The US Food and Drug Administration (FDA) has approved the chemotherapy drug Halaven (eribulin) to treat liposarcoma, a type of soft tissue sarcoma. Halaven is already approved to treat advanced breast cancer. The new use is for people with liposarcoma who have already been treated with anthracycline-based chemotherapy and have tumors that cannot be removed through surgery or have spread to other parts of the body. This is the first drug approved for people with liposarcoma that has shown improvement in overall survival.
Liposarcomas are cancerous tumors of fat tissue. They can develop anywhere in the body, but they most often develop in the thigh, behind the knee, and inside the back of the abdomen.
The FDA based its approval on a clinical trial of 143 people with liposarcoma that couldn’t be removed through surgery or had spread either to nearby lymph nodes or other parts of the body, and had already been treated with chemotherapy. People in the study were given either Halaven or dacarbazine, another chemotherapy drug. Those who received Halaven survived an average 15.6 months compared to 8.4 months for those who received dacarbazine.
Halaven was given priority review, one of the ways in which the FDA tries to speed up availability of drugs to treat serious diseases. Under priority review, the FDA tries to make a decision within 6 months instead of the usual 10 months. Halaven was also granted orphan drug designation, which provides financial incentives to encourage the development of drugs for rare diseases.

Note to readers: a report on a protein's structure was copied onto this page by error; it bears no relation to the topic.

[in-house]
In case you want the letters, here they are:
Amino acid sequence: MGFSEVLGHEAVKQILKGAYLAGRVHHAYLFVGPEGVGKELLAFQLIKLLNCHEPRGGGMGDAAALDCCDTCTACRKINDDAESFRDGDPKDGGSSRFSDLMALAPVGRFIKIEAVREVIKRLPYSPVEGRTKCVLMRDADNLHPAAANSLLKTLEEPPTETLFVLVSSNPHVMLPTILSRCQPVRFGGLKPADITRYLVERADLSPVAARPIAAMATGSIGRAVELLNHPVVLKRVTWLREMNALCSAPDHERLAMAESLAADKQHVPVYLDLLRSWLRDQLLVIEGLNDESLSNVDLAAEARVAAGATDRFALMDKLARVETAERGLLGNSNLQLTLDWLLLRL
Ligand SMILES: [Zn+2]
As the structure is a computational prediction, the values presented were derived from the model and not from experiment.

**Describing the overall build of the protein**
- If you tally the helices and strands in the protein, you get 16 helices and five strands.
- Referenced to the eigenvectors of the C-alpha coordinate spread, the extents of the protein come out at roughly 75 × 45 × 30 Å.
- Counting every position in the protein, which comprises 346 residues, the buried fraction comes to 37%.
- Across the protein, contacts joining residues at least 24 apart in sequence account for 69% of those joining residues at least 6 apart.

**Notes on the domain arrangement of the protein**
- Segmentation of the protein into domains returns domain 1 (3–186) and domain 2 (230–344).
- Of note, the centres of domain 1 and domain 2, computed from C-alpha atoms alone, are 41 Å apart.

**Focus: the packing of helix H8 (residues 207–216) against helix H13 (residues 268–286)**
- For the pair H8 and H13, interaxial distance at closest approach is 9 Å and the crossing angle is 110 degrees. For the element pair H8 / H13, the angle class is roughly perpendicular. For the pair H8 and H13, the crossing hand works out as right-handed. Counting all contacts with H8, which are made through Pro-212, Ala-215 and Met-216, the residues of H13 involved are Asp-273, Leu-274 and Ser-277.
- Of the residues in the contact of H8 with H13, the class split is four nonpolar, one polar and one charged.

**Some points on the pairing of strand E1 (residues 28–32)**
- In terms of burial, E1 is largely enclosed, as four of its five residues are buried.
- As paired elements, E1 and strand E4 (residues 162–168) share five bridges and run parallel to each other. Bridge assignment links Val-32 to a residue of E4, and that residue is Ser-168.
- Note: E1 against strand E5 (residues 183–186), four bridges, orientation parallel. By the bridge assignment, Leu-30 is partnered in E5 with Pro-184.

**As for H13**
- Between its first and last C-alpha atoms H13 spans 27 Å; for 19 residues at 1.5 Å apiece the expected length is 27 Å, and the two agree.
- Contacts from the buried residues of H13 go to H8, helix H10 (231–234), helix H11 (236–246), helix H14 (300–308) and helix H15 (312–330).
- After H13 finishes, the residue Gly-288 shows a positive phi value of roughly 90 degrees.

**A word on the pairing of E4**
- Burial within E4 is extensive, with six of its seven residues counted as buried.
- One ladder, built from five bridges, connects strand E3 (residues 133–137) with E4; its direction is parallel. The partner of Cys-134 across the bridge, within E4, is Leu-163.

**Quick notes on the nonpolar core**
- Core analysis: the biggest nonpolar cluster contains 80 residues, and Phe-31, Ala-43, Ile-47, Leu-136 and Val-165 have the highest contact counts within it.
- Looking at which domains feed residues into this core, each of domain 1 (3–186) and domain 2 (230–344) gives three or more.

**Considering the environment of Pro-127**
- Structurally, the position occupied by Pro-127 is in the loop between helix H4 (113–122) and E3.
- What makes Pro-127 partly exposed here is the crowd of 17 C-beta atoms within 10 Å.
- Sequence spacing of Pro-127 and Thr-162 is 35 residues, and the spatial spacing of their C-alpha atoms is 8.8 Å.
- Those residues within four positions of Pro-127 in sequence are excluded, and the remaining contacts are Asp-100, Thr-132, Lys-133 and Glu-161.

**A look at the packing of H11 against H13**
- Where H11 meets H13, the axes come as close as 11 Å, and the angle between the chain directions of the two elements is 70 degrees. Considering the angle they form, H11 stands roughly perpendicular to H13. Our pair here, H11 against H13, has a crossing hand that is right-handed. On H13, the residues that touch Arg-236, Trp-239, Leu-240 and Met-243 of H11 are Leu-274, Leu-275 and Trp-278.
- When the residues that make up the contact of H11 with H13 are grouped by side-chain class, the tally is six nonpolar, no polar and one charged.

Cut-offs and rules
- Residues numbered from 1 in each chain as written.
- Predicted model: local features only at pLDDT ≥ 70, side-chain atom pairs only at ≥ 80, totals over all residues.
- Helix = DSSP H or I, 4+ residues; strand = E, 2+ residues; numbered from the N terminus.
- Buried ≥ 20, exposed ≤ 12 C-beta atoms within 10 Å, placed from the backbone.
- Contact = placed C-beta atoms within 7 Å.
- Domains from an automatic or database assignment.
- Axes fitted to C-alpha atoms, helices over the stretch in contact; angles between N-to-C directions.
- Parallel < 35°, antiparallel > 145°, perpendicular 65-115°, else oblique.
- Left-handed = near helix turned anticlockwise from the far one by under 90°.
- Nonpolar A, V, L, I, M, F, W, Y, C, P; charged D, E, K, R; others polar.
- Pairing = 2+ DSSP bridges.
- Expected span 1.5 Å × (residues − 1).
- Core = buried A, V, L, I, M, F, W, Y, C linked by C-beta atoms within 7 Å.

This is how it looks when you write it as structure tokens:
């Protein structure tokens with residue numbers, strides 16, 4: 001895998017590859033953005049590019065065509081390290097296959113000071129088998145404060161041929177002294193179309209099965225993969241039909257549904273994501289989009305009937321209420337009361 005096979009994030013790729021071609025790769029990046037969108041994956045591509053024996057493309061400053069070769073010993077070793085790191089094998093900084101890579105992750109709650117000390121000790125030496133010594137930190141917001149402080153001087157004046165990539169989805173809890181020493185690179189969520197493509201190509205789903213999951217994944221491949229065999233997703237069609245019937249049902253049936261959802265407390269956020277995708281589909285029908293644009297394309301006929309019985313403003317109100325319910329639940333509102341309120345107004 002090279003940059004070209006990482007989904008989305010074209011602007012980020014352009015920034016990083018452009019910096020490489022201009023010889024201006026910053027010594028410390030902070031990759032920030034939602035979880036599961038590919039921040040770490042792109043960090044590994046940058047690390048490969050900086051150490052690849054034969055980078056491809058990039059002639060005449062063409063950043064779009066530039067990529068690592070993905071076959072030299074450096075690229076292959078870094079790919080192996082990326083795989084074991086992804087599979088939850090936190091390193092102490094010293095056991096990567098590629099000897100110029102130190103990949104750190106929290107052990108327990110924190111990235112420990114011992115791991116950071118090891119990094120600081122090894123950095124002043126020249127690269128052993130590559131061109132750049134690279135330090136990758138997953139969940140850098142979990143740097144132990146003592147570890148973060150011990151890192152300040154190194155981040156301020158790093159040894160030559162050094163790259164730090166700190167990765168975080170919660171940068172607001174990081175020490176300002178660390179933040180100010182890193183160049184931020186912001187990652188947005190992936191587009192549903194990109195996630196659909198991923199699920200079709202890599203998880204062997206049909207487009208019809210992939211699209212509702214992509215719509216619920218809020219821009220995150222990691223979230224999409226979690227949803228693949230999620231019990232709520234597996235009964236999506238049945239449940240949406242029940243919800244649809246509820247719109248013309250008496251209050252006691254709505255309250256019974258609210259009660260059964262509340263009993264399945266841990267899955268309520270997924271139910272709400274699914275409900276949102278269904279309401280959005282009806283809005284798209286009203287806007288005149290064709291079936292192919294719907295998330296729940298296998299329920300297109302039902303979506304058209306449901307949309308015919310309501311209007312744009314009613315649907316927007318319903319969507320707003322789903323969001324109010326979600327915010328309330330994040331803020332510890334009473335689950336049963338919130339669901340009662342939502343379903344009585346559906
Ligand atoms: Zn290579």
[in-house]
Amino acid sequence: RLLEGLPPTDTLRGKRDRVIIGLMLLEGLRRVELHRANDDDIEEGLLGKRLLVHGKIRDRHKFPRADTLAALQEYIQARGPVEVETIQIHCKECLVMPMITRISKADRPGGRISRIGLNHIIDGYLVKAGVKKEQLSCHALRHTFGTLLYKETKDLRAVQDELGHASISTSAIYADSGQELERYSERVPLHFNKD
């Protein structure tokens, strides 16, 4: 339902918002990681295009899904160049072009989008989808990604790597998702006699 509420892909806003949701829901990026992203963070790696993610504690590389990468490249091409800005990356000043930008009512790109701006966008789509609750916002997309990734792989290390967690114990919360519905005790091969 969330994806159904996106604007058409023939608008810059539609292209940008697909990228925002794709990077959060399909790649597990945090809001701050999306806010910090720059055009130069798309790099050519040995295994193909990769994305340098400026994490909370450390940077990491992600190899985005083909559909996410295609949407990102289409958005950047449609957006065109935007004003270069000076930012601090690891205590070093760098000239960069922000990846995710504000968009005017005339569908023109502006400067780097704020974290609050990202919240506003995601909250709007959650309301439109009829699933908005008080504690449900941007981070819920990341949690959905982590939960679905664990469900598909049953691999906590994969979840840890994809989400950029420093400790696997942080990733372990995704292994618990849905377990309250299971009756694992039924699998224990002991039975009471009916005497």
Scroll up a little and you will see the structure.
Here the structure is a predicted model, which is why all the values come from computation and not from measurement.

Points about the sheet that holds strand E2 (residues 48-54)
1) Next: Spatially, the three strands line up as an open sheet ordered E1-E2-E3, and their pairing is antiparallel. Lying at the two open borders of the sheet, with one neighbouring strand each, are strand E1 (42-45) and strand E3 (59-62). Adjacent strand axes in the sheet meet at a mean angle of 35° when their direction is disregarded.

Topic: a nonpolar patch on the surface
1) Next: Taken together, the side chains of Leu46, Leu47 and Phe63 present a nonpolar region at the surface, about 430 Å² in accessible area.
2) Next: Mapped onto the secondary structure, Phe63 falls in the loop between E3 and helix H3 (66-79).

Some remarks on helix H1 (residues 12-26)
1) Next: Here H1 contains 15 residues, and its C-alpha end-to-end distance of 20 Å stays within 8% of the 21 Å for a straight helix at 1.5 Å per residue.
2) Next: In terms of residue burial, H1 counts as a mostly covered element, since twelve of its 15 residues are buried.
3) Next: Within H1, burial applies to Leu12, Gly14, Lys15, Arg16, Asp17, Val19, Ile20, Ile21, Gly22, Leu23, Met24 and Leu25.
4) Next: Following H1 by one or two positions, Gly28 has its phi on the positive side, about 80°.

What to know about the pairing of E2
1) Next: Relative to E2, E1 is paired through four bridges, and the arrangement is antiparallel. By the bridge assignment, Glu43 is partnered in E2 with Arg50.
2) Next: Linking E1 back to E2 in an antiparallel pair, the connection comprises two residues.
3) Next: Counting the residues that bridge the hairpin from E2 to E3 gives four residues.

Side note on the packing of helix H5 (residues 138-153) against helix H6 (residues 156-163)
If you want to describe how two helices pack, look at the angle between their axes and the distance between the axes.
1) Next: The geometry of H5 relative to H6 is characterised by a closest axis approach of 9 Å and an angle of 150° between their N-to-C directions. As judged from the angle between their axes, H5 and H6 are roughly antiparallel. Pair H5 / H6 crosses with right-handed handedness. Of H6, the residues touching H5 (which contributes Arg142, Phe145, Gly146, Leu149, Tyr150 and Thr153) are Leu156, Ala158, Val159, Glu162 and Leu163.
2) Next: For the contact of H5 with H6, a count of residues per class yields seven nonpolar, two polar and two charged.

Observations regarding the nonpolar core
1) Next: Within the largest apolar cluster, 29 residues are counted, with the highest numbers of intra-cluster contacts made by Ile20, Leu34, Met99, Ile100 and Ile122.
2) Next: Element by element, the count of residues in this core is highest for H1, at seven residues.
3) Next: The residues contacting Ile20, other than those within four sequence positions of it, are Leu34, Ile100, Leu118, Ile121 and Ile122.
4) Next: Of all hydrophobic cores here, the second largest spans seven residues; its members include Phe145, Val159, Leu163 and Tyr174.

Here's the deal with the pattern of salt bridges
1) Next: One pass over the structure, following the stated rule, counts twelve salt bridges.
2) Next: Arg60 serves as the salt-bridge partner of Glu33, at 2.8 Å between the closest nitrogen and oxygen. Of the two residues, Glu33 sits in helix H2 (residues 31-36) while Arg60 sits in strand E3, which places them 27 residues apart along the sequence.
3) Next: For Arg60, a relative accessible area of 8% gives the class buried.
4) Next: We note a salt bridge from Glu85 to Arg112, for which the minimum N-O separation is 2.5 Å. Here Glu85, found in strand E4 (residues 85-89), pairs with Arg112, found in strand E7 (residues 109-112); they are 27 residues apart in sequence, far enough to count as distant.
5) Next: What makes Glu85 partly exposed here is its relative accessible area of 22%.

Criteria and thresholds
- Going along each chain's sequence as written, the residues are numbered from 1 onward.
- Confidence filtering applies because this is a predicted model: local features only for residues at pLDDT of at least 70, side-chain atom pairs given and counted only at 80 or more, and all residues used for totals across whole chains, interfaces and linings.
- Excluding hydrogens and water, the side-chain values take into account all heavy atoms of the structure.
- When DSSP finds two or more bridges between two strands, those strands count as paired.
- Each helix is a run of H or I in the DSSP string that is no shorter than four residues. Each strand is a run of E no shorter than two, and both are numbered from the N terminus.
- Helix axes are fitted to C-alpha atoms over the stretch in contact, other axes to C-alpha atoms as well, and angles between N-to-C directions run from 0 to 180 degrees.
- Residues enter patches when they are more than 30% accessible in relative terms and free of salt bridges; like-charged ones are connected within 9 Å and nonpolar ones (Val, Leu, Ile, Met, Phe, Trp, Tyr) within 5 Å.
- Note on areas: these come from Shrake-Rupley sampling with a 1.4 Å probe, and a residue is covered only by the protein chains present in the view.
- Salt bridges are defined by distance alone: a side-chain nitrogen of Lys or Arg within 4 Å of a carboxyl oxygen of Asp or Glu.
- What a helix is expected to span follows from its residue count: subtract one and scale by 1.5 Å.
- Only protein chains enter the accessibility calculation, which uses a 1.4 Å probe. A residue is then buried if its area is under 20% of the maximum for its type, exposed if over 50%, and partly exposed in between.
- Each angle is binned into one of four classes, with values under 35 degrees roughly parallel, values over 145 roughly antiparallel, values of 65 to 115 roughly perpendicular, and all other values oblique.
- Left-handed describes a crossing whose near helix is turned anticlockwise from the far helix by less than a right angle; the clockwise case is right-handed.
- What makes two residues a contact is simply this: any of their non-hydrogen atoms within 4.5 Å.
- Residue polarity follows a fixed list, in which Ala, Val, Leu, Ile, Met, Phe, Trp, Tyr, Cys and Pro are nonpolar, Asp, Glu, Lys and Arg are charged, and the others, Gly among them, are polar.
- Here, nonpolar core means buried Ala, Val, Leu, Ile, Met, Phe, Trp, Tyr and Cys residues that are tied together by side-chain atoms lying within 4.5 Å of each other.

The most common side effects of Halaven are fatigue, nausea, hair loss, constipation, nerve damage affecting the hands and feet (peripheral neuropathy), abdominal pain, and fever. Halaven may also cause low levels of infection-fighting white blood cells (neutropenia) or decreased levels of potassium or calcium.
Less common, but more serious side effects include severely decreased levels of infection-fighting white blood cells, severe nerve damage affecting the hands and feet, and changes in heartbeat. It also may cause harm to a developing fetus.
Halaven is marketed by Eisai.
Article date: January 29, 2016
By Stacy Simon